The episode starts a flashback to 18 years ago. Two brothers are in a car together. One robs a check cashing place, but the other doesn’t realize it. He drives them both away.
In the present, a dad is talking to his daughter about expiration dates when the doorbell rings. It’s the police. They are looking for a George Brown in a murder case. The man says that his name is Jim Grayson, but the cops want him to come with them anyway.
Bull and Benny are in court when the judge hijacks Benny to be the man’s lawyer for his arraignment. They talk to the wife. She says that they have three kids and own a restaurant. He isn’t a flight risk.
The man gives his name to the court as George Brown, which visibly upsets his wife, and pleads not guilty. The prosecution says that his brother, who is in prison, told him to take the money and run. He did that, and it makes him a flight risk. They wouldn’t have found him except for some prints that flagged a few days before. The judge denies bail.
The wife wants Benny to be Brown’s permanent lawyer. Bull is skeptical, considering that they haven’t done him any good so far, but agrees to hear his side of the story.
Brown tells Benny and Bull what happened, and Bull asks the obvious questions. If you aren’t guilty, then why did you run? Brown says that his brother’s lawyer told his brother that the prosecution was planning to charge both of them in a joint venture. This would mean that both of them would be charged with murder. He bought the identity of a dead person from a guy he met at a bus station. When he went to renew his liquor license, he gave his prints, and that’s how the police found him.
Bull and Benny talk to the wife. Bull is taking the case because he believes Brown.
Prosecutor comes to TAC. Bull wants him to dismiss the case. It doesn’t happen.
Bull talks to the team. They need jurors with generativity, which is a fancy word for optimism. He uses Marisa as an example. He wants the jury to see a redemption story.
Chunk got a D on his paper, probably from the jerk teacher we saw earlier in the season. The wife comes in, and he preps her, kind of. They aren’t going to put her on the stand, but the jury will be watching her anyway and always. She tells Chunk that she went to the jail to get answers and he didn’t lie about the things that matter. One example she uses is her kids’ names: Malone, Ella, and Richard. Malone was named after a baseball character. Chunk tells her to hold onto that feeling.
It doesn’t last long. Brown’s parents’ names were Malone and Ella, so he lied. Again. For no apparent reason. The wife leaves the courtroom.
Chunk goes to see her at her house and makes a case for him.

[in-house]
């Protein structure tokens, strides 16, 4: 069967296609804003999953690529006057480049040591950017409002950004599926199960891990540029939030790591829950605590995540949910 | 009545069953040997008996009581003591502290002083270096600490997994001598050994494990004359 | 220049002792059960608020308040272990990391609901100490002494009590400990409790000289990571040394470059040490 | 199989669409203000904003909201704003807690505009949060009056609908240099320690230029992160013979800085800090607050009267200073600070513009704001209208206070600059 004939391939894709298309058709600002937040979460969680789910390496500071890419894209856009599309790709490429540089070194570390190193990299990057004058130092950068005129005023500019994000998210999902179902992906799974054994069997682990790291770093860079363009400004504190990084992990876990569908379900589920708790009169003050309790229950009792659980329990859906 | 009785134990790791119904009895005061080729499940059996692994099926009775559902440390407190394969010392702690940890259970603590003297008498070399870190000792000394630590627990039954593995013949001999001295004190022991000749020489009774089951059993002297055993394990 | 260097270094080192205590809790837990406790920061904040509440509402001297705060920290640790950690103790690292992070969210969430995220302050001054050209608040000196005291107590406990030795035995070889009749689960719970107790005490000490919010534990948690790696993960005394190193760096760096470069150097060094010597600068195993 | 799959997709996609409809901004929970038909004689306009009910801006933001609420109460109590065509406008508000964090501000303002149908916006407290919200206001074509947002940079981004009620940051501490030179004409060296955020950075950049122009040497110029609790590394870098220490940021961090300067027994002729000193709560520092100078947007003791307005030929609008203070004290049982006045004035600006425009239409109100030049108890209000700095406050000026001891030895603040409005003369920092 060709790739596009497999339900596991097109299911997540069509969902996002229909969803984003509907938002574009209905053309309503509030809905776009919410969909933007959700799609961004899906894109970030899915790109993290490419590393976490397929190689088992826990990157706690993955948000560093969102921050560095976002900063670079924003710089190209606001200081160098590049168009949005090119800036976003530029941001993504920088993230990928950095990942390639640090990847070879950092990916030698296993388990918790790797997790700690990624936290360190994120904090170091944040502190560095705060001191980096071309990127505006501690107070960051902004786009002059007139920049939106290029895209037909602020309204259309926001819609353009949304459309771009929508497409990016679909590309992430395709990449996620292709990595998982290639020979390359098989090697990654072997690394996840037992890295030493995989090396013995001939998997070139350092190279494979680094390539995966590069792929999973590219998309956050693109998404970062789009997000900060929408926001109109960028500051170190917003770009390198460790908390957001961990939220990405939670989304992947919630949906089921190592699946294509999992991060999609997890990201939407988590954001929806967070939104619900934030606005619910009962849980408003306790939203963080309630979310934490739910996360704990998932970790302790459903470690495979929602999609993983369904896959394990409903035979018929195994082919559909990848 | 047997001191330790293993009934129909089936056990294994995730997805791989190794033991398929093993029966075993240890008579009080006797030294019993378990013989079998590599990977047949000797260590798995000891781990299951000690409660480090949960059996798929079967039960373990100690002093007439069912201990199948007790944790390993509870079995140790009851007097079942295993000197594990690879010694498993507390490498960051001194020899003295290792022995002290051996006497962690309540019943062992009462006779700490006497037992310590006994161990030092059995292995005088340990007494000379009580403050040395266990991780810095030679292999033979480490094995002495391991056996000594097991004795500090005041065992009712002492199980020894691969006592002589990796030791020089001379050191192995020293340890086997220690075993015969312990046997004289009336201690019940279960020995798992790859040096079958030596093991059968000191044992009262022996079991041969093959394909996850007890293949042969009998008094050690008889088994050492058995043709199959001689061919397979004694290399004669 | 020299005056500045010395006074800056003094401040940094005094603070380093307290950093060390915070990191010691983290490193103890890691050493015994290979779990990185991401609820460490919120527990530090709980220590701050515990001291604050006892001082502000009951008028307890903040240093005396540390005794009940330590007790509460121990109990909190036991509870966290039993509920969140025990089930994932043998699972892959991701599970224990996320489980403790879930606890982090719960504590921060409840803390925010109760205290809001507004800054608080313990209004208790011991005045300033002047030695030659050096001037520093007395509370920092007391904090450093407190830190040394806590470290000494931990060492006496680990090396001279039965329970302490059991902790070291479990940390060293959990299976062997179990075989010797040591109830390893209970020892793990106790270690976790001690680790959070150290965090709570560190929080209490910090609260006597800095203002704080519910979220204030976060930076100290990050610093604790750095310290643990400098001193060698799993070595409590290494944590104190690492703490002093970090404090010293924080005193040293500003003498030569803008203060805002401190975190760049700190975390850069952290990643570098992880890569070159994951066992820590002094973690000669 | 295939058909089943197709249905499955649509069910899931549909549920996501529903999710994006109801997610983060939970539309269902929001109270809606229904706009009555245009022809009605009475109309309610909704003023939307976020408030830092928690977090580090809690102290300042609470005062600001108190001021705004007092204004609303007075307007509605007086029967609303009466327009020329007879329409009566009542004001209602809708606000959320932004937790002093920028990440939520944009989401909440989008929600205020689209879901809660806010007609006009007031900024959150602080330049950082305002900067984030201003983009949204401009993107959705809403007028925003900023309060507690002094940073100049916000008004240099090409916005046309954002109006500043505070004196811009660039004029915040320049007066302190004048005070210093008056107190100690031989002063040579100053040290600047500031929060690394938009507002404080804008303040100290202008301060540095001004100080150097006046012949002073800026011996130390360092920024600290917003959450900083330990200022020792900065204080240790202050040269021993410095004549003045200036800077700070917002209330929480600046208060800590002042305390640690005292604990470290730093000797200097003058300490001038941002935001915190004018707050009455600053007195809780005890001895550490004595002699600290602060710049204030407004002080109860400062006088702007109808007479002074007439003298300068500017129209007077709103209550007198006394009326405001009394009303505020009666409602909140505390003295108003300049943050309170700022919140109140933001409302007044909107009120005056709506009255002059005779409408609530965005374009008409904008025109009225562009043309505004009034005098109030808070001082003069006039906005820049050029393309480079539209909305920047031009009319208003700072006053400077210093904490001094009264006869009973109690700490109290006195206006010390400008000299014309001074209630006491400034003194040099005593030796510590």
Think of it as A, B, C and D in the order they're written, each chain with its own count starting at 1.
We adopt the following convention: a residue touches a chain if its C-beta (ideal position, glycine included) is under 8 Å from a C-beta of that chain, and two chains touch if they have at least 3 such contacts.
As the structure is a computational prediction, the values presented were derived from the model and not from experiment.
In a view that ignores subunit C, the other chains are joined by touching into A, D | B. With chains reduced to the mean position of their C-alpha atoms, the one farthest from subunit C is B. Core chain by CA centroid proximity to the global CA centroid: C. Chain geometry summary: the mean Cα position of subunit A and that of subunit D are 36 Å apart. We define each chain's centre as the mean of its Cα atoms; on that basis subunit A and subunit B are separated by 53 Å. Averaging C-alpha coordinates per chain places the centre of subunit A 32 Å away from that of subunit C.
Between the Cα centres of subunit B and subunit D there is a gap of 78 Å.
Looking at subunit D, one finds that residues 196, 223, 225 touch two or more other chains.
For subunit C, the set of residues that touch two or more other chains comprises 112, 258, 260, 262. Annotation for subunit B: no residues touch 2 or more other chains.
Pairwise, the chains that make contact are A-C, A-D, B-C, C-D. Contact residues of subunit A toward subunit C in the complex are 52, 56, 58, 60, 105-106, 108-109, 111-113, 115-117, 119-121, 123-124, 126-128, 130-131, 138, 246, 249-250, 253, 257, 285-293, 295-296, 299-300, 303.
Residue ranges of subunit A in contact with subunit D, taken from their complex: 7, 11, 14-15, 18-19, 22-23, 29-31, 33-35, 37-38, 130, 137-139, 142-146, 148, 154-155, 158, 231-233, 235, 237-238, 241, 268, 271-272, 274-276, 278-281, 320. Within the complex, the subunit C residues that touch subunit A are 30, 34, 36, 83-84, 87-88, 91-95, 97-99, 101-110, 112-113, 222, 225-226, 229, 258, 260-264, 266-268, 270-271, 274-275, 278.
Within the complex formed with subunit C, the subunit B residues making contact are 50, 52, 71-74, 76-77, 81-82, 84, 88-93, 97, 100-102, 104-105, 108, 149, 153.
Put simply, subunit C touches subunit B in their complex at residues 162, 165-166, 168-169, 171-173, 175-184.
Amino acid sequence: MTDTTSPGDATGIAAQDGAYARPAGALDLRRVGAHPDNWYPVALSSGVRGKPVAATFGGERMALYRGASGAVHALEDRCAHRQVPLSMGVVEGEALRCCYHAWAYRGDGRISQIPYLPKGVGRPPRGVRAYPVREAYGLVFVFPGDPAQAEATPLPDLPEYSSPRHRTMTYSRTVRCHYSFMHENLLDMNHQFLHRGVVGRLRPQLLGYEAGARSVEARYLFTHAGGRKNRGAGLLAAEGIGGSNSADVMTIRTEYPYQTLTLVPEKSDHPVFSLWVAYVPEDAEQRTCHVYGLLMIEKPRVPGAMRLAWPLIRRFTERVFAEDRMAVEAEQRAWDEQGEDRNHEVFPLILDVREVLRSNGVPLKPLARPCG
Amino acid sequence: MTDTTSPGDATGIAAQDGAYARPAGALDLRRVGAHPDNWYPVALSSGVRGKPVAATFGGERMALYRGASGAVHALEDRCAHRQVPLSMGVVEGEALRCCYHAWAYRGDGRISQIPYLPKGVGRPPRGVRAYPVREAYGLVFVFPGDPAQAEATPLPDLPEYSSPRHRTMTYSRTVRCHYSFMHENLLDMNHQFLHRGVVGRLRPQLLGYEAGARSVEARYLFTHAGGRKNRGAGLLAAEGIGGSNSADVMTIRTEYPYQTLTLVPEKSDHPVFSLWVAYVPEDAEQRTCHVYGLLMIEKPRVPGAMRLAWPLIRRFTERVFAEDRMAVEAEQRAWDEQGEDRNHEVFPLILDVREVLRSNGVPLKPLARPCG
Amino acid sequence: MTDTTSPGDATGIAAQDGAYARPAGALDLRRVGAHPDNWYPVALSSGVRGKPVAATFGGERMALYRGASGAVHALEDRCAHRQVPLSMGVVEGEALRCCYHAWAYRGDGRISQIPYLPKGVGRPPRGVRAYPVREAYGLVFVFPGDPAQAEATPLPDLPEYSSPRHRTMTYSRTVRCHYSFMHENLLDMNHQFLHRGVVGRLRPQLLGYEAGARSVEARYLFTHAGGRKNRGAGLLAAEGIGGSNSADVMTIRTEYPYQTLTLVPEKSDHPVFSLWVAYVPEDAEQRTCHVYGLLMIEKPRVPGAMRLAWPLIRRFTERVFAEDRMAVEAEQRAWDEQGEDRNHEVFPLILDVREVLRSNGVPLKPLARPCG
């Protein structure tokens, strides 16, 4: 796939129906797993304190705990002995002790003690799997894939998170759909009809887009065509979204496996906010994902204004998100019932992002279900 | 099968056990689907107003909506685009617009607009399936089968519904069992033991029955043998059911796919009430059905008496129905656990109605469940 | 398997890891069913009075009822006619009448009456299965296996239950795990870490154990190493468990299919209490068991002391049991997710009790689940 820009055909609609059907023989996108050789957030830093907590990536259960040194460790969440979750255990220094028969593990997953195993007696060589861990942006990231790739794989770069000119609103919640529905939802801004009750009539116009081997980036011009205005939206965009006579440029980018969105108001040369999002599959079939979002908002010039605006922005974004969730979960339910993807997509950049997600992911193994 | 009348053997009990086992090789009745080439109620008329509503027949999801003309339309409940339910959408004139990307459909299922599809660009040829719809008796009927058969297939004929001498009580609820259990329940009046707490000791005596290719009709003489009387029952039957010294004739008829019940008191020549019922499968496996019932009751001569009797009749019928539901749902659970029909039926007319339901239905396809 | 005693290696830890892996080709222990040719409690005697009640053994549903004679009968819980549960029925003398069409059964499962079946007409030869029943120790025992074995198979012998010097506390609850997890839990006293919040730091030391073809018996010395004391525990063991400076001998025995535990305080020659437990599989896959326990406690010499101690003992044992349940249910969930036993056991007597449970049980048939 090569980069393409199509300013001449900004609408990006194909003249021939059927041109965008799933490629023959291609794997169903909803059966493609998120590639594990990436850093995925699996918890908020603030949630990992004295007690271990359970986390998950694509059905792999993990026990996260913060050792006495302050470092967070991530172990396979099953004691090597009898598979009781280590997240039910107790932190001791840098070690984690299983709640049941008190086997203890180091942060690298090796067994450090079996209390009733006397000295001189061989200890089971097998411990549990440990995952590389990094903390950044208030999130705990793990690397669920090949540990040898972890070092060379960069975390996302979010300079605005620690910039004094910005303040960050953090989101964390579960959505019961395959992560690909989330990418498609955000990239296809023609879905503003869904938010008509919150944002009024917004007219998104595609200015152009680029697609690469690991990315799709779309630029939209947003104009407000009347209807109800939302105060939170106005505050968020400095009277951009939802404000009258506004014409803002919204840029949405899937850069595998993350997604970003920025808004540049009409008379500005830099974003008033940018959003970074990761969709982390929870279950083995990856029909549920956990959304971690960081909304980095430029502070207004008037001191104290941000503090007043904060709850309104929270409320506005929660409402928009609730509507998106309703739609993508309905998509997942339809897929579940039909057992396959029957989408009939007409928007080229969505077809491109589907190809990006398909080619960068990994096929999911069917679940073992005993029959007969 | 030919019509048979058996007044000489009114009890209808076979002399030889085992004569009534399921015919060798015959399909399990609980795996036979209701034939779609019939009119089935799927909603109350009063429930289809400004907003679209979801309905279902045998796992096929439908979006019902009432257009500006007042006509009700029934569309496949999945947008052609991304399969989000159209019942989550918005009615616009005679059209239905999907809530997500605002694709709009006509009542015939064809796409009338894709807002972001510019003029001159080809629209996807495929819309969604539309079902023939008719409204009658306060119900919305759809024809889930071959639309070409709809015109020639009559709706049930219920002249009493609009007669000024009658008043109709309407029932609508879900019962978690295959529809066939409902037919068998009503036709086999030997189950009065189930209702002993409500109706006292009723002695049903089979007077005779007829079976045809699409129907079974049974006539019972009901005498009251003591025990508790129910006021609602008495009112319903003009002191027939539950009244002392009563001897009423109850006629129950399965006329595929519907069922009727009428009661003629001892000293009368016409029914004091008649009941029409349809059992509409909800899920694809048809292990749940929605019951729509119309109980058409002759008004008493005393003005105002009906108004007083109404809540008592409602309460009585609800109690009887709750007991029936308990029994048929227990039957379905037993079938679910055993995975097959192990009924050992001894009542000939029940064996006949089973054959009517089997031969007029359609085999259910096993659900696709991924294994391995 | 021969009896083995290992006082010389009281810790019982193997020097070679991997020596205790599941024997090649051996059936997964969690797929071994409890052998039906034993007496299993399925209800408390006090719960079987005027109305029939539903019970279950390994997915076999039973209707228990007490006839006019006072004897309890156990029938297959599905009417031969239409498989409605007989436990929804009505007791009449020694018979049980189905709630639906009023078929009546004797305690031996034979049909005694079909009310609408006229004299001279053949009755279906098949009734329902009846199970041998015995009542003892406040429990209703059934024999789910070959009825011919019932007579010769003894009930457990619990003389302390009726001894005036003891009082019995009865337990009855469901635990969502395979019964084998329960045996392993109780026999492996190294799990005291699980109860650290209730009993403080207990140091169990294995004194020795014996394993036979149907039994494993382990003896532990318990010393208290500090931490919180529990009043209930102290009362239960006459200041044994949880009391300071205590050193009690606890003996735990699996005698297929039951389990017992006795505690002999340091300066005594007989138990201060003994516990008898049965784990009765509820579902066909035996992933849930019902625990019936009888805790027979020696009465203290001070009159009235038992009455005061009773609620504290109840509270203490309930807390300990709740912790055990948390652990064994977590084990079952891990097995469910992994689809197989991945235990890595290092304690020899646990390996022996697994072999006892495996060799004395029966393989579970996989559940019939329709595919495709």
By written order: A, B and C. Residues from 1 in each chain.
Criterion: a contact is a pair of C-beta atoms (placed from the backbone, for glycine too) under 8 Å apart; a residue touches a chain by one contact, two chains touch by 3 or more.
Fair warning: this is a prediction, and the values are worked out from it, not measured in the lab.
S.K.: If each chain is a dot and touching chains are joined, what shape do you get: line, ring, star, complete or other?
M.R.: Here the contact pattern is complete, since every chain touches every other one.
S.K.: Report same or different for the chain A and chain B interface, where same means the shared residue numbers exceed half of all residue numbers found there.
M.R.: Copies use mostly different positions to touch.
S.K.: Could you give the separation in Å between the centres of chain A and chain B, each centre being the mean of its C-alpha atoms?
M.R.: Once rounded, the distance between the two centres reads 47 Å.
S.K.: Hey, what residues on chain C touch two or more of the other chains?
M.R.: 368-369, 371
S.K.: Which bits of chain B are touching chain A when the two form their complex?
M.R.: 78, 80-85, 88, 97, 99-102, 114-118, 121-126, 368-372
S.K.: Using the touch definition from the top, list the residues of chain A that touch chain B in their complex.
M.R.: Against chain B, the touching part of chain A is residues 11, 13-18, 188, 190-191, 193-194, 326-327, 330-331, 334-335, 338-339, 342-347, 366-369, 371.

She comes into the courtroom while one of the police officers is on the stand. According to him, the accused’s prints were on the gun. Benny does get him to point out that that doesn’t mean that he fired the gun and didn’t prove when he touched the gun that belonged to the brother he lived with.
Bull and Benny go to visit Rick Brown, and he’s the drama teacher from Community. He says that the gun wasn’t loaded. He wasn’t planning to kill anyone. The cashier was his friend, and they planned it together. His death was from choking on his vomit. They want him on the stand.
The judge wants a meeting in his chambers. The prosecution has a surprise witness that alleges that Brown committed credit card theft. Bull doesn’t think it’s relevant, but the judge does. He will call a recess though.
Bull talks to Benny and Marisa. Danny comes in and lightens the mood. She found something in the security footage. She has the exact moment that Rick finds out that his friend is dead.
Cable also has news. Brown wasn’t in the same state when the fraud was committed. The identity was sold to another person, who is now in prison.
Benny shares this with the court while the surprise witness is on the stand.
Danny and Bull talk. She found something else. The cashier put up his hands before Rick drew his gun. That’s proof that he knew what was going down. She gives him call logs between them at the courtroom, and Bull tells her to go home and go to sleep.
Rick is on the stand. He and the video do well enough that the prosecutor wants a recess.
Bull and the prosecutor talk, and then he parrots Bull’s exact words to the judge as he calls for dismissal.
Brown talks to his wife and asks her to marry him again.
Technically he didn’t do anything wrong, but is there any legal penalty for running from the law for 18 years? 7.5/10